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Bilateral Chamber Member, CHI St. Luke’s Health: Cardiac patient: Internationally recognized heart surgeon “a godsend”

Surgeon restores function and quality of life after performing specialized triple valve replacement

After having two back surgeries in 2016, 65-year-old Steve Simpson wasn’t thrilled about having heart surgery in February 2017. Luckily, when his doctors rushed him from College Station to Houston for the procedure, he was treated by a new doctor in town who specializes in minimally invasive heart procedures—Joseph Lamelas, MD

Expert Care Lamelas, associate chief of cardiac surgery in the division of cardiothoracic surgery, joined Baylor College of Medicine in January 2017, and performs surgeries at Baylor St. Luke’s Medical Center. Internationally recognized as an expert in the field of minimally invasive heart surgery, Lamelas has completed more than 14,000 cardiac surgical operations over his 26-year career, and is the world’s most experienced minimally invasive cardiac surgeon.

Lamelas performs procedures, including simple congenital cardiac defect repair, cardiac tumor removal, aortic valve and mitral valve procedures, double and triple valve surgery, as well as ascending aorta replacement.

A Shock to the Medical Community While Simpson was at a doctor’s appointment in College Station for residual swelling after his back surgery, his doctor noticed he had an enlarged liver, as well as a murmur on the right side of his heart. His doctor referred him to a cardiologist in College Station, who detected three separate murmurs and a leak in all three valves in the heart: the aortic valve, the mitral valve and thetricuspid valve.

Valves regulate blood flow to and from the heart, similar to doors that must open and shut completely during each cardiac cycle. If the valves don’t work properly, the blood leaks back through the valve, which affects heart function. The valve leaks also led to Simpson’s lung and heart failure, and blood to back up from the heart to the liver, as well as fluid buildup in the abdomen and swelling in the legs. In some patients, the enlarged liver can lead to the development of bleeding disorders. “My condition was a shock to the medical community,” Simpson said. “They said I shouldn’t be walking around, that I shouldn’t be alive.”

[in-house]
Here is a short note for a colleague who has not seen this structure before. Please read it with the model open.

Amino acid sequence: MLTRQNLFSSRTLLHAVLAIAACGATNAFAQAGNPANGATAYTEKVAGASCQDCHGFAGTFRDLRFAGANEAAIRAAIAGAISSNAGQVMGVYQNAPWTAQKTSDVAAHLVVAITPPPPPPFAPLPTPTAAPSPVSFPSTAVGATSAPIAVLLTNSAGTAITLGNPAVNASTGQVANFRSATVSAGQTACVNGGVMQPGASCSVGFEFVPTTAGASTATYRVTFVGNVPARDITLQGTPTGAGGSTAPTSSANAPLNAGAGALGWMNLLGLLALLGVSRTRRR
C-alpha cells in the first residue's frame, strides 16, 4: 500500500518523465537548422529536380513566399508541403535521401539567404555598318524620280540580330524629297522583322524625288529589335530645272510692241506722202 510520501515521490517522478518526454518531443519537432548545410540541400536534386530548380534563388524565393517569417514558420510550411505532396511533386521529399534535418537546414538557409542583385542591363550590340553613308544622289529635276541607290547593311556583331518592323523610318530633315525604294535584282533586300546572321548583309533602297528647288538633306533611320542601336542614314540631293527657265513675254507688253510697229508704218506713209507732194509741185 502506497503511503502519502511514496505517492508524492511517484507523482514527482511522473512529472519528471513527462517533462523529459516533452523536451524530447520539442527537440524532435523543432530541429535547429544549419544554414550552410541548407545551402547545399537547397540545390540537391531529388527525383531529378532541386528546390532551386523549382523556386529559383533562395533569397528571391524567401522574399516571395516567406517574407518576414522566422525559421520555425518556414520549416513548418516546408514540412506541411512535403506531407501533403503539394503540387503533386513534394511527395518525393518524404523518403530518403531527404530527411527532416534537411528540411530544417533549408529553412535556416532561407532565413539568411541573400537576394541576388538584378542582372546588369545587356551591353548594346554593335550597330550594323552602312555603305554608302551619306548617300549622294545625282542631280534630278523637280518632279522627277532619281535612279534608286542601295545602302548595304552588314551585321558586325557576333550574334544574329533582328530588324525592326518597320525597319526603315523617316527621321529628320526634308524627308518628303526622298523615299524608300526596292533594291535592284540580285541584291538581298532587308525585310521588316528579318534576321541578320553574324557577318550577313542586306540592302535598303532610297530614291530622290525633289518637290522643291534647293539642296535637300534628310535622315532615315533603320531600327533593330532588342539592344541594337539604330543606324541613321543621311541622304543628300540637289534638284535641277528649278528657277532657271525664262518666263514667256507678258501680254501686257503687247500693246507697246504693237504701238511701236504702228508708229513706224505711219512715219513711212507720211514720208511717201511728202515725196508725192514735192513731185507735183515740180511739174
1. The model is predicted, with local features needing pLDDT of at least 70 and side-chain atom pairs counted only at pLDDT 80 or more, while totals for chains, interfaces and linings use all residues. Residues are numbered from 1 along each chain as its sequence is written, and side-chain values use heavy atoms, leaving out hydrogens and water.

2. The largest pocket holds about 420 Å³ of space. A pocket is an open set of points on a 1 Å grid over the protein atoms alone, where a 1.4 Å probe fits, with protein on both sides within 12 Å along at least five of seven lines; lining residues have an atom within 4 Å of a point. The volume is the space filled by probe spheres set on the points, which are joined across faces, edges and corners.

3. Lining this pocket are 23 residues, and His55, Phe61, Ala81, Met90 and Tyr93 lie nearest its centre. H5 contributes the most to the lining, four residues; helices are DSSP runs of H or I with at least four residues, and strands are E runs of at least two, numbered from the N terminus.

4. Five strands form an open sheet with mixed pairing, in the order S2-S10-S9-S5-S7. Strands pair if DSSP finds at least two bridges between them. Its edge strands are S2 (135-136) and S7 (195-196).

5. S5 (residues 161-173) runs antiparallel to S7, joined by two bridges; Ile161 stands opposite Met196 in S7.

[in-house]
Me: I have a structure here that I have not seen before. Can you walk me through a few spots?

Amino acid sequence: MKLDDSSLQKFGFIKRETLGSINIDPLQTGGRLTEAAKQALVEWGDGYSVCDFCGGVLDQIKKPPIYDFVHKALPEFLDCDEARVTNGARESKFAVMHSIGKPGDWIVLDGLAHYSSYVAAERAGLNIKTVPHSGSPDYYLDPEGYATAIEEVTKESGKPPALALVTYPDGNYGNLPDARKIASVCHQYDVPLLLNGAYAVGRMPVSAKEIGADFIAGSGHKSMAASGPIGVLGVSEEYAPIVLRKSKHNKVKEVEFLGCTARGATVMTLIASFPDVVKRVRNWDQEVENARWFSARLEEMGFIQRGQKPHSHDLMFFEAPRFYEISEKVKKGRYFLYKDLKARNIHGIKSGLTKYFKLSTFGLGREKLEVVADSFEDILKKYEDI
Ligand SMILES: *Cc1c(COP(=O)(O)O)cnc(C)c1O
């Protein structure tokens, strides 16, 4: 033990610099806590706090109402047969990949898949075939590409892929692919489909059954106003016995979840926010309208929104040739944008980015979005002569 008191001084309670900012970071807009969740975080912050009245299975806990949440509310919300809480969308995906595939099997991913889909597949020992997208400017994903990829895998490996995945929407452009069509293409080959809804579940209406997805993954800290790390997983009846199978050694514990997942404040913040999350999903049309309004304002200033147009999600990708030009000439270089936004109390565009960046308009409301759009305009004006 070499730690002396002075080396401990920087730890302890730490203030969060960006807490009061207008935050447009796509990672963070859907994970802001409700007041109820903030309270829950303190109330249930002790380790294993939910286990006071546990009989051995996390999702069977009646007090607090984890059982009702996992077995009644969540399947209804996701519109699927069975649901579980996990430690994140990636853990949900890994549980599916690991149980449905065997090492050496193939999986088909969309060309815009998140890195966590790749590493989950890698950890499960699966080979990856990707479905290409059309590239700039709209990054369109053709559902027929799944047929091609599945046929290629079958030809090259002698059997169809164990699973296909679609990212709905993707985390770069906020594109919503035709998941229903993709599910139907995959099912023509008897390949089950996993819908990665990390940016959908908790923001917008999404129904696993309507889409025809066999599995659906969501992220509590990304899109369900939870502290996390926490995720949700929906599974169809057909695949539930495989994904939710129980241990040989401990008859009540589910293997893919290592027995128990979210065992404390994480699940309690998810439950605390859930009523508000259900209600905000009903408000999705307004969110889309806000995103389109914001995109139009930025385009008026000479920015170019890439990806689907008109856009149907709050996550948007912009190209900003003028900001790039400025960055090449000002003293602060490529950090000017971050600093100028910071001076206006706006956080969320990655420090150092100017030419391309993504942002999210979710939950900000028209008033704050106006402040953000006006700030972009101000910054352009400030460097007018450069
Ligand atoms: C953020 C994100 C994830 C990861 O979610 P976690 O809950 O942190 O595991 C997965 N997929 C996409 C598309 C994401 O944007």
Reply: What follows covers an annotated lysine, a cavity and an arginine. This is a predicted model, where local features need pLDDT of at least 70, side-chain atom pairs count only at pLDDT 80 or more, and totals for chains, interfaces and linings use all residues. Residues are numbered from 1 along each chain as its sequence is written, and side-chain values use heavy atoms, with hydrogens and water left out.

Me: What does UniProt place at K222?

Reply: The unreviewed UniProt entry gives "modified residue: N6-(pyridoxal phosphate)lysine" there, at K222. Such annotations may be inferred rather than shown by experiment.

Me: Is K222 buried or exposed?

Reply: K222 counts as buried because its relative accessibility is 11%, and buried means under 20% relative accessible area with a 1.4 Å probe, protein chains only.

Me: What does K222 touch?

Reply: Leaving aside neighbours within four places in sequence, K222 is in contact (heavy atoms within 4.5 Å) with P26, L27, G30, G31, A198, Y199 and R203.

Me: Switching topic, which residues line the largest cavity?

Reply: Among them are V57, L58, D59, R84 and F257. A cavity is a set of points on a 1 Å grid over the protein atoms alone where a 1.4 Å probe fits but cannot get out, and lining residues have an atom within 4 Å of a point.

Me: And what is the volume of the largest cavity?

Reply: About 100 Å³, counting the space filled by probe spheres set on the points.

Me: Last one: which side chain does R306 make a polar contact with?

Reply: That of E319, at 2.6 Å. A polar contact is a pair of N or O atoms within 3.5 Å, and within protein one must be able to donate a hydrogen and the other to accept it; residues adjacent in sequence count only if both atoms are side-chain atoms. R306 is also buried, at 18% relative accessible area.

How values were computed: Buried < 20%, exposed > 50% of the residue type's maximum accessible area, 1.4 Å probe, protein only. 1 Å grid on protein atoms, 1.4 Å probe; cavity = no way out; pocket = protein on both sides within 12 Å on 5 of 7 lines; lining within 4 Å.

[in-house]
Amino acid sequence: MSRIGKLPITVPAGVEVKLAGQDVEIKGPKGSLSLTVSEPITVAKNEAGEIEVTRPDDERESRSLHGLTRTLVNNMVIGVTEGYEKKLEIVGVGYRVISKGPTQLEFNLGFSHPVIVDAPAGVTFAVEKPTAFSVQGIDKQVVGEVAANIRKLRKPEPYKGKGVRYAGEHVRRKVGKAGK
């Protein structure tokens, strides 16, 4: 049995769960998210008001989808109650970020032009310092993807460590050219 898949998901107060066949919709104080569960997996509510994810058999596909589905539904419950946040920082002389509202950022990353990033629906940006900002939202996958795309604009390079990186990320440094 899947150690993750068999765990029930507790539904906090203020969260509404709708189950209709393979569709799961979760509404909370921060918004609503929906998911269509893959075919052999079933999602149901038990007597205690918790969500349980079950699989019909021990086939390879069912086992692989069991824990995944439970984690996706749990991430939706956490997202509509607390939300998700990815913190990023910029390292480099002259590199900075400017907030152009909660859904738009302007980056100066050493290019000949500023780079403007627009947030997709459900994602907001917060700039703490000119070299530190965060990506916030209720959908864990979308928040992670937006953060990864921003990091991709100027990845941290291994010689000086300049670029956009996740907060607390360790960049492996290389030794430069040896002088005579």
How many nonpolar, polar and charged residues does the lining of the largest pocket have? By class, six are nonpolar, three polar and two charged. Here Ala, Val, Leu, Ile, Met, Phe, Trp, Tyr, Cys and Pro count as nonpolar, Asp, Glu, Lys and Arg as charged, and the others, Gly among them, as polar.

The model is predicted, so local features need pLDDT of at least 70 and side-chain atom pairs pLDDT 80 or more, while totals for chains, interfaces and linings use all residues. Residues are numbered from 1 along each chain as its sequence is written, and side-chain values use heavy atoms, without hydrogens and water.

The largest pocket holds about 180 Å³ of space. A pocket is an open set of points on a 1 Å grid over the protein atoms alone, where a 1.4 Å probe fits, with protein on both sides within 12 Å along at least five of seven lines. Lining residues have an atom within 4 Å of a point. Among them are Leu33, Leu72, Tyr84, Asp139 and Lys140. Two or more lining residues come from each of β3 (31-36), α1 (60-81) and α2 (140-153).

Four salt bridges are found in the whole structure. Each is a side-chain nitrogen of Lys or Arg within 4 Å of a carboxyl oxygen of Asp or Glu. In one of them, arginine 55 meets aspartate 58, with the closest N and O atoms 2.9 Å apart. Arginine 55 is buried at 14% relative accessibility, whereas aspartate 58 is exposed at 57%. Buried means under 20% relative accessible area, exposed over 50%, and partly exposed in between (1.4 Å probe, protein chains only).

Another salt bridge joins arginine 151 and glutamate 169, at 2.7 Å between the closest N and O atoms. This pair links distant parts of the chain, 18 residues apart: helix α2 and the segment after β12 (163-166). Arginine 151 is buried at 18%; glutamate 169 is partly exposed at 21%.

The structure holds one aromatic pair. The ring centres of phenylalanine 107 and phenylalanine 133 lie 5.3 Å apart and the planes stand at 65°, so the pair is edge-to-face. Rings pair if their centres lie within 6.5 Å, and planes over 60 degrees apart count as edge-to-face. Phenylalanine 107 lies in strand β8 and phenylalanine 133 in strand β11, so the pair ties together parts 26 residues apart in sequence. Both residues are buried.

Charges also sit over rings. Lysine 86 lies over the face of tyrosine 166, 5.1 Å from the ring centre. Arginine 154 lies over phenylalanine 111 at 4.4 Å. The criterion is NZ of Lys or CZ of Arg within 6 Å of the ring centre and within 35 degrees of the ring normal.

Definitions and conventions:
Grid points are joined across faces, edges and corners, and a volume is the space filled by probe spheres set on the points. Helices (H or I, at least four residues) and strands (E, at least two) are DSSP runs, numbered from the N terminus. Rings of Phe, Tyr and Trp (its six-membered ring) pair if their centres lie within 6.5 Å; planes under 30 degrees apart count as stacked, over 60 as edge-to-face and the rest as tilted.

Life-Saving Surgery Simpson immediately was sent to Dr. Lamelas at Baylor St. Luke’s in the Texas Medical Center, who performed a minimally invasive triple valve procedure. Without having to crack his chest open for the surgery, Lamelas replaced Simpson’s aortic valve and repaired his mitral and tricuspid valves, all through a two-inch incision on the right side of his chest. “We needed to perform the procedure as soon as possible because the leaking valves would continue to affect the heart function and prevent the heart from pumping blood in a forward direction,” Lamelas said. “This would have ultimately led to heart and respiratory failure.”

Lamelas uses specialized equipment, some of which he has helped develop, to access the heart chambers and valves. Since minimally invasive heart procedures involve a small incision to the right side of the chest, as opposed to opening the breast bone, such procedures result in fewer complications, a shorter stay in the hospital, and a faster recovery after discharge.

Life After Surgery Simpson was discharged from the hospital within a week after his procedure and was told to take it easy for two weeks, and could slowly return to his regular routine afterward.

Simpson now feels healthy and has resumed his normal activities—grocery shopping, using his exercise bike, working in the yard and around the house. His family and friends have even taken notice of the fact that the color has returned to his face and that he’s able to attend social gatherings so quickly after his surgery, often asking him if he thinks they would be good candidates for the surgery due to their own heart conditions.

For more information contact International Services at Baylor St Luke’s Medical Center via email at international@stlukeshealth.org or call +1 832 355 3350 or visit StLukesInternational.org

Texas Medical Center, Houston, Texas – USA